* – This is a bit of a silly metric. Firstly, you wouldn’t tend to use MQTT like this, it’s more focused on providing an open channel for push notification and a more sporadic style of message sending & receiving. Secondly, there is a fixed cost in having the Wifi or 3G active and so the actual cost of just sending a single message would be higher. However these figures do serve to indicate the difference between the three qualities of service and hopefully give you an indication of the battery usage involved.

If you’re interested in seeing how the power usage breaks down into the different categories (CPU & 3G/Wifi) you can scroll down towards the bottom of this post for some more pretty graphs.

Receiving

After sending, the next thing I looked at was receiving messages on the phone. To be consistent with the sending results, I sent 1024 messages, of 1 byte a piece, to the phone, as quickly as possible. The results are shown in the graphs below:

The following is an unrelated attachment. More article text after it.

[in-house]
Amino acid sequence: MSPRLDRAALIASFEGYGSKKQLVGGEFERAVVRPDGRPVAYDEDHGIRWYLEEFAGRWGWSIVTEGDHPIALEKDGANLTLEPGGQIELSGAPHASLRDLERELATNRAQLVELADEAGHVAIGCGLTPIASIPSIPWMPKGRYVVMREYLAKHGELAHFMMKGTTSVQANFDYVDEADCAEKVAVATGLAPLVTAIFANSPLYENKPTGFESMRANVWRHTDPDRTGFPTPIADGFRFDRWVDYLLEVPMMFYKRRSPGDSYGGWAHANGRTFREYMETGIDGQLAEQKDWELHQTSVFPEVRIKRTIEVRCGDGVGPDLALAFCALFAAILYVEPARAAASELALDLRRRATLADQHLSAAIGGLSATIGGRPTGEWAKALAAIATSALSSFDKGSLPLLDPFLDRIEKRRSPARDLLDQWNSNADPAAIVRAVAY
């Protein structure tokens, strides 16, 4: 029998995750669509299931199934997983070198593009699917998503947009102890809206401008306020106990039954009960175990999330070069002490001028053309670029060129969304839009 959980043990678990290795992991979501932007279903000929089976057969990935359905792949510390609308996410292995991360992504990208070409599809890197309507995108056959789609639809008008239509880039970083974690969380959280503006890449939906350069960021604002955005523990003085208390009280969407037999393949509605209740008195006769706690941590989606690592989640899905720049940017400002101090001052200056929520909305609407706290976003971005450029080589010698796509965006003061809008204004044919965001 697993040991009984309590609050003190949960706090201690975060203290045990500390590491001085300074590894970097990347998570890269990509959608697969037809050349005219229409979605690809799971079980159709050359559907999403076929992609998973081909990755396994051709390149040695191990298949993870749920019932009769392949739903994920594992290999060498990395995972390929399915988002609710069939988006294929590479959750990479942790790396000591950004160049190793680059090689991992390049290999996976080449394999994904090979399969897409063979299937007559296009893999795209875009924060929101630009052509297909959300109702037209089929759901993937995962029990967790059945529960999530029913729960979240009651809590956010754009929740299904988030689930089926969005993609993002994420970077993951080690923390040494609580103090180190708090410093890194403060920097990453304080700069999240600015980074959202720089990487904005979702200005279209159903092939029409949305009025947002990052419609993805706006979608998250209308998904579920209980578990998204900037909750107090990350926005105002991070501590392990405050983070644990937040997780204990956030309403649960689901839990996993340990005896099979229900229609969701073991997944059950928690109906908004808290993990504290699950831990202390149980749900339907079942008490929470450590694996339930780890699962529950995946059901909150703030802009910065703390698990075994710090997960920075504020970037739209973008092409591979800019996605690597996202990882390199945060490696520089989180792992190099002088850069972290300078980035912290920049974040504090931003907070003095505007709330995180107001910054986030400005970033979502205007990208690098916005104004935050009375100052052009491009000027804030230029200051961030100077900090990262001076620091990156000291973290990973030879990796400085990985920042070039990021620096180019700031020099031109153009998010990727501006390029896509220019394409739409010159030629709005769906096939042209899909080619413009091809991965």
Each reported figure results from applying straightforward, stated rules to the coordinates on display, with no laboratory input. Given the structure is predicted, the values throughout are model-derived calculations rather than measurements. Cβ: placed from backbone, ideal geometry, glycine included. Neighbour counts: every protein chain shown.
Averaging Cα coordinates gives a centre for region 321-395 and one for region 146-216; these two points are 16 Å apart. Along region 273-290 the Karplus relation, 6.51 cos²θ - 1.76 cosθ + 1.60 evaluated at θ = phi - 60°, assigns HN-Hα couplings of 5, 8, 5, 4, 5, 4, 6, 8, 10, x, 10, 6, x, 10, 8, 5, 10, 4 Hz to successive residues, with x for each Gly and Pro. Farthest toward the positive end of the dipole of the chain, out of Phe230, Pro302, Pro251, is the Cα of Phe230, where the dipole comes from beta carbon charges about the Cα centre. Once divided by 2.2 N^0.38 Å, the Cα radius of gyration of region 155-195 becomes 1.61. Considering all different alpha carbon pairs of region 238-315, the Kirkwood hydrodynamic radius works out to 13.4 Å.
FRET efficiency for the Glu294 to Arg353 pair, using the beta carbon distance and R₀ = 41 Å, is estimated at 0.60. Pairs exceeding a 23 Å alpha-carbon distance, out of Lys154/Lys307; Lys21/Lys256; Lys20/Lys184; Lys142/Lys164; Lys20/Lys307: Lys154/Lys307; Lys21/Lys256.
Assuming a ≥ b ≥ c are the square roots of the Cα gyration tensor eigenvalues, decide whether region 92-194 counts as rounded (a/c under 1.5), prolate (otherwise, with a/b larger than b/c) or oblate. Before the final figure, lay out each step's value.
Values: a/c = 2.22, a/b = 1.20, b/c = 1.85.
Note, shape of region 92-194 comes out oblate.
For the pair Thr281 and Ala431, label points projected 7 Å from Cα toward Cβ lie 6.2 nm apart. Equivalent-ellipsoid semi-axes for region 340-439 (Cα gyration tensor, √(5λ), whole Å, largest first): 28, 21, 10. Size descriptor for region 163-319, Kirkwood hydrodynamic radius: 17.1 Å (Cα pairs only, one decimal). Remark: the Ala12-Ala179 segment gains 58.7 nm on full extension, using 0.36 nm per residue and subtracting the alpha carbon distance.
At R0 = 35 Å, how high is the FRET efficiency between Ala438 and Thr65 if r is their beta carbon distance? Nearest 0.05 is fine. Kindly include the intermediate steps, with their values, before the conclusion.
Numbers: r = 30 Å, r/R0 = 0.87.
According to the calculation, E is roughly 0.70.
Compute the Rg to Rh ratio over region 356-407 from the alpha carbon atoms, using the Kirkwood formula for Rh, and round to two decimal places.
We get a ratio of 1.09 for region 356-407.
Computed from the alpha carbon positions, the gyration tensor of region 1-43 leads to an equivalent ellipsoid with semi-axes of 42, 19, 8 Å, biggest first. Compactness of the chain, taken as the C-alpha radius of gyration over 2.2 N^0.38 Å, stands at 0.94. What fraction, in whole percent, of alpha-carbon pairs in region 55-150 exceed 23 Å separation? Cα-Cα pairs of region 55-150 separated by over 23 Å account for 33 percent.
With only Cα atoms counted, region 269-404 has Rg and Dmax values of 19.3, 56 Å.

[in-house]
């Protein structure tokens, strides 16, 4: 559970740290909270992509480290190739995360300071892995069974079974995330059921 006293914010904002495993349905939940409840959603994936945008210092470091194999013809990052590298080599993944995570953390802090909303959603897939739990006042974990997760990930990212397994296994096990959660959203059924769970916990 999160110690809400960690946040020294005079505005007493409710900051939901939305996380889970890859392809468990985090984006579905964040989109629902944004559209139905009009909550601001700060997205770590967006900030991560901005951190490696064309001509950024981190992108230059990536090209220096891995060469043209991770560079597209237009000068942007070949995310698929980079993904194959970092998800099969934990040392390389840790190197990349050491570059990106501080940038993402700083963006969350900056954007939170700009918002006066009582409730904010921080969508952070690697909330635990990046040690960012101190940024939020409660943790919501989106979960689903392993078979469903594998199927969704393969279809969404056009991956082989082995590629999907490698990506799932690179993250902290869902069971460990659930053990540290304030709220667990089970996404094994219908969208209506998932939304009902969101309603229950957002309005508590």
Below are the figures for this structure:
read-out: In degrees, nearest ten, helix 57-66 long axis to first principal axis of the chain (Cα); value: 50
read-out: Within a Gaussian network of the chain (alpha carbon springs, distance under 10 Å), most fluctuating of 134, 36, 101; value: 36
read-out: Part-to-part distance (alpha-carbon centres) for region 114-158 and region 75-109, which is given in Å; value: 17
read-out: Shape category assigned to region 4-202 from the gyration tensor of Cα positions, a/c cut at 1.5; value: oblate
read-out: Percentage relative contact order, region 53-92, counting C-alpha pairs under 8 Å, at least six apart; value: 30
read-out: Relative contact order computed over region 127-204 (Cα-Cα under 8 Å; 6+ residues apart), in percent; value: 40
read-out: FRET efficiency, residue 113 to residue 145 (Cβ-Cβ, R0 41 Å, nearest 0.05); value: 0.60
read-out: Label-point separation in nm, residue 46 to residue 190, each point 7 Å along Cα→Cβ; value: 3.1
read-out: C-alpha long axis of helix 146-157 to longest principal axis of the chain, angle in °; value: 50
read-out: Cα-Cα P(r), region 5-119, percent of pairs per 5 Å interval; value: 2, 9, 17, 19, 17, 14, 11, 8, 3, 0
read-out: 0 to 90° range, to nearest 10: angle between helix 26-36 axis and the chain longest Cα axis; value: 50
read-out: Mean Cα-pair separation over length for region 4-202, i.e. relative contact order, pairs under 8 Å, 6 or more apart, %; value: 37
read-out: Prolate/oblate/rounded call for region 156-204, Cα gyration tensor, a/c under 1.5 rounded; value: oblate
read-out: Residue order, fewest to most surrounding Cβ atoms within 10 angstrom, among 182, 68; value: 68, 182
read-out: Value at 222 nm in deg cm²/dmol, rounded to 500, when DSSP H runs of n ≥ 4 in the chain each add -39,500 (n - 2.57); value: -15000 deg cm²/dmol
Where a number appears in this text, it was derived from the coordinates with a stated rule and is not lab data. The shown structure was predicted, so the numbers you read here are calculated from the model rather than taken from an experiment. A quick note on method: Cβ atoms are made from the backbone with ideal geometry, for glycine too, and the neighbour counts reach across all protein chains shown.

3G – Receive 1024 x 1 byte messages – Total mW

mW
1 second period

Wifi – Receive 1024 x 1 byte messages – Total mW

mW
1 second period

Again we can see that the QoS 0 messages complete the fastest, followed by the QoS 1 and then QoS 2 (for the same reasons mentioned above). It takes slightly longer for all the messages to be received and so the power per second for each QoS is much more comparable, as the CPU load is spread out. However, to be consistent, I have extrapolated the data as before into the tables below.

A couple of other things of notice are the two erroneous patterns in the QoS 2 flows. For 3G we see the message receiving stop for about 20 seconds before continuing, and for Wifi we briefly see a large spike in power usage about half way through. Unfortunately I don’t have anything to explain this, the connection doesn’t drop and there’s nothing immediately obvious. I’m going to repeat these tests when I get time and I expect this will turn out to be a one off anomaly, but for the moment I thought you might appreciate the experimental authenticity :)

3G

QoS % Battery / Hour Messages / Hour % Battery / Message *
0 16.03 35446 0.000452
1 17.48 27510 0.000635
2 15.80 13552 0.001166

Wifi

QoS % Battery / Hour Messages / Hour % Battery / Message *
0 0.59 64673 0.000009
1 0.70 32914 0.000021
2 0.86 17226 0.000050

Again, if you’re interested in seeing how the power usage breaks down into the different categories (CPU & 3G/Wifi) you can find them near the bottom of this post.